Social Species and Doom

There is a catch-22 with being a member of a social species.
Social behaviors like altruism and cooperation are excellent for the survival of such species, maximizing available resources and distributing Darwinian fitness more uniformly within the group.
But there is a down side. When the population exceeds sustainable resource consumption, the same social behavior distributes the resource exploitation among the group.

Think of the behavior of the overall population as an averaging of the behavior of all the individuals. When the resource infrastructure is sustainable, everyone benefits from some people doing more altruistic resource gathering and sharing than others. But when the resource support base is exceeded, the harvesting drive trait is still prevalent.

Such conditions begin to "select" for more modest natural resource consumption, but it takes a few generations for those traits to become dominant, and population collapse due to resource mismanagement often occurs first. Unfortunately, the demise of the population is not specific to the more exploitative individuals in that population, but is also distributed evenly.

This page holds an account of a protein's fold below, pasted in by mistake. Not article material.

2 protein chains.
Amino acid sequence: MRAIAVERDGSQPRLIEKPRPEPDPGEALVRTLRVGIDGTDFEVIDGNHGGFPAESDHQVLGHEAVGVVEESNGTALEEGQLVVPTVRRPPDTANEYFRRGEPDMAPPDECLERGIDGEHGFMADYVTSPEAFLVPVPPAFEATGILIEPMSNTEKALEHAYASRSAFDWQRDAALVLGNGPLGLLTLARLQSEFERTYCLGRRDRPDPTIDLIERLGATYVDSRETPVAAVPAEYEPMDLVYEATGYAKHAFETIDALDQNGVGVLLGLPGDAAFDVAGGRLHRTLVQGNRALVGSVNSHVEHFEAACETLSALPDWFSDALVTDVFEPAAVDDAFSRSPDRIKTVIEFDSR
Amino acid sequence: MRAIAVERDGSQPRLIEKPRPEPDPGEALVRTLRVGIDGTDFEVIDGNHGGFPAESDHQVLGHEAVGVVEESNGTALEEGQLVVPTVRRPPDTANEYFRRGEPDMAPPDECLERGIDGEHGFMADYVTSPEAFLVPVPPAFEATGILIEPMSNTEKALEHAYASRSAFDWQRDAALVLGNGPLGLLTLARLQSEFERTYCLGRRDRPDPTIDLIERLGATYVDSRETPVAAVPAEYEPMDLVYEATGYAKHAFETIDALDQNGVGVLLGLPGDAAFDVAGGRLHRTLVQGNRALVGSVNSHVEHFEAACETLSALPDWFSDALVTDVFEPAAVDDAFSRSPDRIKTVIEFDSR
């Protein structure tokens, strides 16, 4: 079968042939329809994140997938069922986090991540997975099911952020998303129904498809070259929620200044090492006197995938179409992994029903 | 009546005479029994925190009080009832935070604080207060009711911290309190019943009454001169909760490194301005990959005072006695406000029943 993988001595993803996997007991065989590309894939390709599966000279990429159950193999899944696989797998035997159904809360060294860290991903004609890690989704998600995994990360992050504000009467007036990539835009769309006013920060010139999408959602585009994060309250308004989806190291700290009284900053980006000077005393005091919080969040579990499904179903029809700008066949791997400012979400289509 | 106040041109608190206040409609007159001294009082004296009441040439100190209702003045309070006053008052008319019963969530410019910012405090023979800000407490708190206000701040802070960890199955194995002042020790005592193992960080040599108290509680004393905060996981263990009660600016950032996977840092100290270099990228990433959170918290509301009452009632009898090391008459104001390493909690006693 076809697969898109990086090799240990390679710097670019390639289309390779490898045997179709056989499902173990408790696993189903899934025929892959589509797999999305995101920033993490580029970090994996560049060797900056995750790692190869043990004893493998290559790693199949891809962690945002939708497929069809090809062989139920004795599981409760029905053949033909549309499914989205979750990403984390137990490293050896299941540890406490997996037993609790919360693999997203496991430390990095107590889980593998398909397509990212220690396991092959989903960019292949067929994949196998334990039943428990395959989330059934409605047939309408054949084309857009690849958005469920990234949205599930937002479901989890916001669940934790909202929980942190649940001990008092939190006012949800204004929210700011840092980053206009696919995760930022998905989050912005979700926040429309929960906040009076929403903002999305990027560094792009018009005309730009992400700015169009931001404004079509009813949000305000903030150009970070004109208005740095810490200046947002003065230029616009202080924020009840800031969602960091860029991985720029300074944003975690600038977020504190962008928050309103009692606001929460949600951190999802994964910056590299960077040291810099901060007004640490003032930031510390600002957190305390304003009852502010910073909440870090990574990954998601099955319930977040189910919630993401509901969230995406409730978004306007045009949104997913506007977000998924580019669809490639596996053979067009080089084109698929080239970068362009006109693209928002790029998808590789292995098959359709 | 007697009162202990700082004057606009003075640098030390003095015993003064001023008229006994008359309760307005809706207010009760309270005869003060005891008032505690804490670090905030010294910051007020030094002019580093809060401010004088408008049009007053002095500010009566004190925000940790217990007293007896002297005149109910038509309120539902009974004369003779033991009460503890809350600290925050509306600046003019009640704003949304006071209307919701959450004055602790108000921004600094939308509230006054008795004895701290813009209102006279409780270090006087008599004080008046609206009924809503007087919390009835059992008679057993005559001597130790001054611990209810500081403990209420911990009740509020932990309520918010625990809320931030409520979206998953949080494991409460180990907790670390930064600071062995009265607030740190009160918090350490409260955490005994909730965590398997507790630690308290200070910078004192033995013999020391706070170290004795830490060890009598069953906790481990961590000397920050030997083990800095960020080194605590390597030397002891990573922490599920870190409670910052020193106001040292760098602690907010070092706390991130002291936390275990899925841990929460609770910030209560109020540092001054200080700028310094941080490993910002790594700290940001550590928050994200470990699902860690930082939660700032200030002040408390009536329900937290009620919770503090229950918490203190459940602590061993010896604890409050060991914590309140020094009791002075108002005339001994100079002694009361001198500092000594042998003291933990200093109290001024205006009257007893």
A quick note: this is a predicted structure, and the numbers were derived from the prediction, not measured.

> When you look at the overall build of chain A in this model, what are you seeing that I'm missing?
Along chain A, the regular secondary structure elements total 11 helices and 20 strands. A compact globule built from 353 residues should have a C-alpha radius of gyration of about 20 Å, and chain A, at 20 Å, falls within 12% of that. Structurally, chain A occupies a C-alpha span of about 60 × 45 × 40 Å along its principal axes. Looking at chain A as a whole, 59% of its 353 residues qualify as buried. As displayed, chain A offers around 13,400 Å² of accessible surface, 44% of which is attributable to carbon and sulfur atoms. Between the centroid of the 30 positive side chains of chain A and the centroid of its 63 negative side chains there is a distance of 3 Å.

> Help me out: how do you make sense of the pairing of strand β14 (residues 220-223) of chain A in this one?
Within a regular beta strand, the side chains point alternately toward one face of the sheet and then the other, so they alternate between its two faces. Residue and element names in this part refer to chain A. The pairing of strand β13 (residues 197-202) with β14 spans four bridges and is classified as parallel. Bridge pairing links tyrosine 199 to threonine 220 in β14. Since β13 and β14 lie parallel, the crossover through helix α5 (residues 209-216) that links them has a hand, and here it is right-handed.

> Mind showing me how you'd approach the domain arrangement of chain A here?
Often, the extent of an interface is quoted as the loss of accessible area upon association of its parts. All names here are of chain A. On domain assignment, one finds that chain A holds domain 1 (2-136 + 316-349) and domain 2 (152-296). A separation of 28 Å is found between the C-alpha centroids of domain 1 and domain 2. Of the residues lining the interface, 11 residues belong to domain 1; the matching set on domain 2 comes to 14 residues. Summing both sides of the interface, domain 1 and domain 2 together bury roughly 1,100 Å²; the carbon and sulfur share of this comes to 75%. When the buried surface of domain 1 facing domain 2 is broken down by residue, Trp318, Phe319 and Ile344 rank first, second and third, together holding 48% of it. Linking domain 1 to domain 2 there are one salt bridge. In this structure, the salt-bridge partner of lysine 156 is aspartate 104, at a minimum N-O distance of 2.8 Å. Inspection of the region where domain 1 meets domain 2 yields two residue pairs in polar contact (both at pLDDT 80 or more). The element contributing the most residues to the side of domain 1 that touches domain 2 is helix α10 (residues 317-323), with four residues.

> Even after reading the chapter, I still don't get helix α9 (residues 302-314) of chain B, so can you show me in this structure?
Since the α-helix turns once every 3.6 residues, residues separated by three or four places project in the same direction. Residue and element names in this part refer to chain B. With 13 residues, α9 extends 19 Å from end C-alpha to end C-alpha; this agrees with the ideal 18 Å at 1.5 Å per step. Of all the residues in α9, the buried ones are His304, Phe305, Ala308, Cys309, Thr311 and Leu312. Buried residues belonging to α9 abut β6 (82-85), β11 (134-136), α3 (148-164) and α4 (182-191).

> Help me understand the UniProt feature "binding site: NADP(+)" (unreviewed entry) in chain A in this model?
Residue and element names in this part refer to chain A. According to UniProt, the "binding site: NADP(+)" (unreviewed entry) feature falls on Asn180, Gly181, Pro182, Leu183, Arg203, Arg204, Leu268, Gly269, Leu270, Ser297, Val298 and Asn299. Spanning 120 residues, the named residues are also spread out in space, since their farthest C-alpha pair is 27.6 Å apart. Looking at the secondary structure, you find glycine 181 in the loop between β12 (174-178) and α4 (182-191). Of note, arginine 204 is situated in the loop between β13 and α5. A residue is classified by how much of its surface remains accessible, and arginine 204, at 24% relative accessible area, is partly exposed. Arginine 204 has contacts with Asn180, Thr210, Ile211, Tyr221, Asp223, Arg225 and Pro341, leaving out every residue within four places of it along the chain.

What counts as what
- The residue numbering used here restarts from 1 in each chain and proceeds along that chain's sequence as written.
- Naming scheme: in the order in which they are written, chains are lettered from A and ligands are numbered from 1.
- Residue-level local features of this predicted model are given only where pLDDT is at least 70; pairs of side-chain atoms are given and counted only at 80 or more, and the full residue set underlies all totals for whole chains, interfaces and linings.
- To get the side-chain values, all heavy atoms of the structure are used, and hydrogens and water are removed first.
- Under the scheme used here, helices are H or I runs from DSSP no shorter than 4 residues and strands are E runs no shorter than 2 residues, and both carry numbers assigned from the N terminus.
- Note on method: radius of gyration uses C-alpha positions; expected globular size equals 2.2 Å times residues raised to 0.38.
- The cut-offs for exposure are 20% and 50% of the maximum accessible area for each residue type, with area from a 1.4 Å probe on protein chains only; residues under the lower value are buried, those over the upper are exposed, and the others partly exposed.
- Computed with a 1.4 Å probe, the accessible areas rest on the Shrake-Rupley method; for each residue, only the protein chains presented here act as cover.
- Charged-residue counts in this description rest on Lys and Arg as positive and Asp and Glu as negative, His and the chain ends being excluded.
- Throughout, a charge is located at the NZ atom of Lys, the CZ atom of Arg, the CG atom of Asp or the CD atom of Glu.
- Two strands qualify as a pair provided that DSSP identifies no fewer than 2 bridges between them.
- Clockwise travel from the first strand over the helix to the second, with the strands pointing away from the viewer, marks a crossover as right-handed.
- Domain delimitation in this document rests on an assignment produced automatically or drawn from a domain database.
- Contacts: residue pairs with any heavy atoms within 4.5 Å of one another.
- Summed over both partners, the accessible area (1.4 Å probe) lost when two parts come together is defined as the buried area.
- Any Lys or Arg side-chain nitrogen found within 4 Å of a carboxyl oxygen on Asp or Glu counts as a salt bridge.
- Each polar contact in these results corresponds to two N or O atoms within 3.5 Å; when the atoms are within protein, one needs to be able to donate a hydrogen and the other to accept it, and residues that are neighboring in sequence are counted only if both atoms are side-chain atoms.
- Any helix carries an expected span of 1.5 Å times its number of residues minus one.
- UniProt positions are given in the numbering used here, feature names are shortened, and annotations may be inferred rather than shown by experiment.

Humans face this dilemma now, as we simultaneously reach and exceed peak capacity in both fossil fuels and water (both required for food creation).

The possible saving grace for the human population is culture, rare to non-existent in other social species. We have the intelligence and technical ability to change our behavior collectively, very rapidly. We could theoretically shift away from non-sustainable resources and do quite well.

Culture also allows us to rapidly spread ideas (often called "memes" to distinguish rapid cultural transmission of behavior from slower genetic transmission). We have the ability to spread protective memes throughout the human species. But as with genes, there is great variability in the available memes.

Science can help us figure out the most creative and productive memes for avoiding a population collapse. But science memes are in a struggle with ideological and mythological memes that have deep roots in human history.

And if said history is any indicator, in general our cultural memes will not act fast enough to counter our genetic drives. Most of the great civilizations that "disappeared" did so following a period of natural resource exploitation and mismanagement.

We may be doomed to repeat history.

Science gives us hope, but scientists have to be responsible and culturally aware and relevant. They seem to strugle with this.


"World on the Edge" by Lester R. Brown

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